It's a joke to think that Joe JobChanger is really going to pick up all the skills and knowledge he needs to get a job at Google in 3 months.
Professional programmers with years of experience regularly spend that long just practicing white board problems to get try to get a job at Google.
The amount of students who can do that is just too small to build an industry around.
Coupling that with the for-profit schools and an investment environment looking for a big payout, this just sounds like a train wreck.
No shit? Of course 12 week programs won't help anyone get into Google. None of them advertise that. They're all web development or app development curriculums. Google is an aspirational position that requires a brilliant graduate with some great internship experience.
App Academy does. They list Google on their home page.
They do seem to place some people with Google, but from what I've learned looking into them though, I think it has more to do with selection than training.
To me, it seems like top bootcamps are 3 month long interviews that the interviewee pays for.
As evidence of a larger trend, this article cites a single quote from the CEO of "a private lender and an alternative accreditor for the fast-growing boot camp sector." This is unpersuasive.
While I understand that the majority of our greatest thinkers can attribute the University of Phoenix to their sudden rise from obscurity, is their any sort of data available displaying how well they educate their students? I have seen far too many students graduate from university with computer science degree, with little to no understanding of the real world, or anything other than the concepts required to learn to program with java(exaggeration), but I can only imagine what sort of education another 'for-profit university' provides all the kids who want to become cool, hip, programmers and make 250k for browsing reddit remotely.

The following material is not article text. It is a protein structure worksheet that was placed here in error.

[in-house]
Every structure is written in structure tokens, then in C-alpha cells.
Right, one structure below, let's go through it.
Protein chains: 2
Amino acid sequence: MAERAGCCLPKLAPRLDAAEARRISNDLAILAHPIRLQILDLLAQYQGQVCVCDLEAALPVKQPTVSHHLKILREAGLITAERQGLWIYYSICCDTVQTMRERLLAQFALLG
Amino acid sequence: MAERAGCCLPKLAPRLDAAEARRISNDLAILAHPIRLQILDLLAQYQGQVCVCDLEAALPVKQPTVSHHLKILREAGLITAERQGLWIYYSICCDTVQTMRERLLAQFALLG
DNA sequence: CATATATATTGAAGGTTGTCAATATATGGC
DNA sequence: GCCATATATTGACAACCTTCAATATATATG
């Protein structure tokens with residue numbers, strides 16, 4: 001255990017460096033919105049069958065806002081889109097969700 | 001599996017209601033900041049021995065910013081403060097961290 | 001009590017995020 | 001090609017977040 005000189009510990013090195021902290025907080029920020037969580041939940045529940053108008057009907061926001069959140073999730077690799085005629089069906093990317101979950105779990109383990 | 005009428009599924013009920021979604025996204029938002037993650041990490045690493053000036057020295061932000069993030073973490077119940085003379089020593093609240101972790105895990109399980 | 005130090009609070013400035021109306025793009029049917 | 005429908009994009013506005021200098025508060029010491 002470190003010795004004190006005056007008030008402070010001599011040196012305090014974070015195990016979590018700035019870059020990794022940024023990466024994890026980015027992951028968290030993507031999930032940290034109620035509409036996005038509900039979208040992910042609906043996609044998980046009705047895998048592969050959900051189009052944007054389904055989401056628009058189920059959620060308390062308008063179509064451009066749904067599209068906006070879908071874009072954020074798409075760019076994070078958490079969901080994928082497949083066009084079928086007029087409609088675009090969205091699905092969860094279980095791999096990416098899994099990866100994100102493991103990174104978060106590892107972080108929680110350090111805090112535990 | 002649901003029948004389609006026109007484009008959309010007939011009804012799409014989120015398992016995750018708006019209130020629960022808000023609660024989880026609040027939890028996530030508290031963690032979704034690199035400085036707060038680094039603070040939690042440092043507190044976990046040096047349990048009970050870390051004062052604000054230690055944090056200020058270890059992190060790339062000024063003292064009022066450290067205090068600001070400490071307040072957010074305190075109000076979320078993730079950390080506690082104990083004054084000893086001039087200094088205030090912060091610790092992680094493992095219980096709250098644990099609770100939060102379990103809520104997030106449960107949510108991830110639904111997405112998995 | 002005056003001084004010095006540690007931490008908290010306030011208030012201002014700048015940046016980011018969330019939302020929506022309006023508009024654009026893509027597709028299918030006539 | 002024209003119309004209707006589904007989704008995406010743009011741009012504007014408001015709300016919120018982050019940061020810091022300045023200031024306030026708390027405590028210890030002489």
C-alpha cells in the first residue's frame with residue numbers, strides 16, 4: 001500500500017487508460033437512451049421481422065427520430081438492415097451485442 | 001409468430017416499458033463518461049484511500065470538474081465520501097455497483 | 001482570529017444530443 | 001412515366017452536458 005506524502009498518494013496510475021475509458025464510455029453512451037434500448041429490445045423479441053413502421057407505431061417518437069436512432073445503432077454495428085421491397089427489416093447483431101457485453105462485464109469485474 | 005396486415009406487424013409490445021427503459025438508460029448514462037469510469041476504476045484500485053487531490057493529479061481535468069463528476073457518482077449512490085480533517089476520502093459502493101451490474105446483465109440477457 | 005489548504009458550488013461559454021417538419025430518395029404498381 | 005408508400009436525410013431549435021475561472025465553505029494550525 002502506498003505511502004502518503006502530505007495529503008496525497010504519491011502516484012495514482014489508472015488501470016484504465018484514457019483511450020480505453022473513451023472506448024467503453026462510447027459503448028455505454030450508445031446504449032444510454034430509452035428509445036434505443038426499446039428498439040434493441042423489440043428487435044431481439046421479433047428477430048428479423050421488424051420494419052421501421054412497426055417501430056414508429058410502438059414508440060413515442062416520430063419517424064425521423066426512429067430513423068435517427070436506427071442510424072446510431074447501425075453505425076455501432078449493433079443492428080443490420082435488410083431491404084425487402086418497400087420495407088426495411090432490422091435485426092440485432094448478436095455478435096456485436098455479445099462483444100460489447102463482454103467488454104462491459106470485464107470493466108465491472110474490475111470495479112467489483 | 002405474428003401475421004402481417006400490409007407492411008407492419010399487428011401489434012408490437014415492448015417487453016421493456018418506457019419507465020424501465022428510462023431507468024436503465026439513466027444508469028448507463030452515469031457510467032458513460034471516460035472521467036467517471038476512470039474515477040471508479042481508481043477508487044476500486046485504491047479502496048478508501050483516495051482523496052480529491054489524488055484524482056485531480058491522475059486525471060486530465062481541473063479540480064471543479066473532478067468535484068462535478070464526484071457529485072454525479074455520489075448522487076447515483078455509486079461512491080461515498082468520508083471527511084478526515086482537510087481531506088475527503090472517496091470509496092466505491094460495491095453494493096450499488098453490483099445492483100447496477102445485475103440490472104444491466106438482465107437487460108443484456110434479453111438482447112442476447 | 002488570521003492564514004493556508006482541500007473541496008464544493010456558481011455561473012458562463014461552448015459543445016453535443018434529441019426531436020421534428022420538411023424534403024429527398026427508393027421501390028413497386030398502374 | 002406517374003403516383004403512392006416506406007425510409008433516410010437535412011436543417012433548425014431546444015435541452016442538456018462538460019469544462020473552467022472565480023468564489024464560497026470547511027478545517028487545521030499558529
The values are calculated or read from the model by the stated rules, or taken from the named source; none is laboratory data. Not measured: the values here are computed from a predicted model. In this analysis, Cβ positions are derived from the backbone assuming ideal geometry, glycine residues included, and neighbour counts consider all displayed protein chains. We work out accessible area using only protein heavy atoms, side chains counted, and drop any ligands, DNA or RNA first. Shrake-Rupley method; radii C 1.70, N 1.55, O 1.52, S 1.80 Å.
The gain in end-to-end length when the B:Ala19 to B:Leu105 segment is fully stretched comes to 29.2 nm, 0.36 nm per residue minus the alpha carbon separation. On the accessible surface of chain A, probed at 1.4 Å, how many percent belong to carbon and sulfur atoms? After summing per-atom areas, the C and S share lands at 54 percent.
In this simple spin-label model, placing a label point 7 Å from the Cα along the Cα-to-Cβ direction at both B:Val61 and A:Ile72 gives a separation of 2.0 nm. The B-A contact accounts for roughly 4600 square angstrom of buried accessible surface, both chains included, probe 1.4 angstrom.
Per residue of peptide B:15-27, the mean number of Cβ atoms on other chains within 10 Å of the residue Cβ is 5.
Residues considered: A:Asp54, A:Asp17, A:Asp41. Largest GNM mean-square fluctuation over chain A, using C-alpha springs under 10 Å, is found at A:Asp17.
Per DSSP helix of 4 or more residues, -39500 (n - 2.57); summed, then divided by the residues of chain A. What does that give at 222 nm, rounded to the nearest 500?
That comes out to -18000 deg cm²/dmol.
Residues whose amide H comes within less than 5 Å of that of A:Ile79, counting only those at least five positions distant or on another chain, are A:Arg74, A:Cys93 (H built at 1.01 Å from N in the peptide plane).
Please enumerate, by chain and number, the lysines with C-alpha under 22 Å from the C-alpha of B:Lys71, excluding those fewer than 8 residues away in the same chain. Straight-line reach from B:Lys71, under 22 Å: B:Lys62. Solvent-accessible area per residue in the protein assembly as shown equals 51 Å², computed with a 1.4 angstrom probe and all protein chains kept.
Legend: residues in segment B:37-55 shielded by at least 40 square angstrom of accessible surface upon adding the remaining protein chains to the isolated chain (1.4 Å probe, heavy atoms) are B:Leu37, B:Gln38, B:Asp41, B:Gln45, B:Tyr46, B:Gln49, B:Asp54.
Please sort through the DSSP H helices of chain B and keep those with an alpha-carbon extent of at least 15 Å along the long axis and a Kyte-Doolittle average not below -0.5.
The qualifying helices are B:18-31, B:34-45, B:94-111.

My guess is they spend most of their time/money figuring out how to locate and market to unemployed/underemployed Americans with access to student loans, and little certainty or direction in their lives; while spending zero time coming up with a metric via quiz/survey to determine good candidates for programming jobs, as that would likely reduce profits for said for-profit university.
I don't know much about these bootcamps, but I'm sure some of them do great things, however, I don't think the author of this post considered any of the likely relevant factors to the conclusion they are drawing about a possible trend here. Quality front page nothingburger rambling.
1. Immersion is what gets even the weaker programmers through. Non-immersion will drop the placement rate greatly.
2. There's still a lot of prep work so the teacher will still basically be a full time teacher. And that's assuming a one person operation. They'll need someone for advertising, outreach to local companies, and their own technical needs.
In fact, there are reasons to believe that human capital is mostly what you're born with plus (or maybe it's more of a multiplier) the accumulated achievements of your predecessors with very little input from organized education.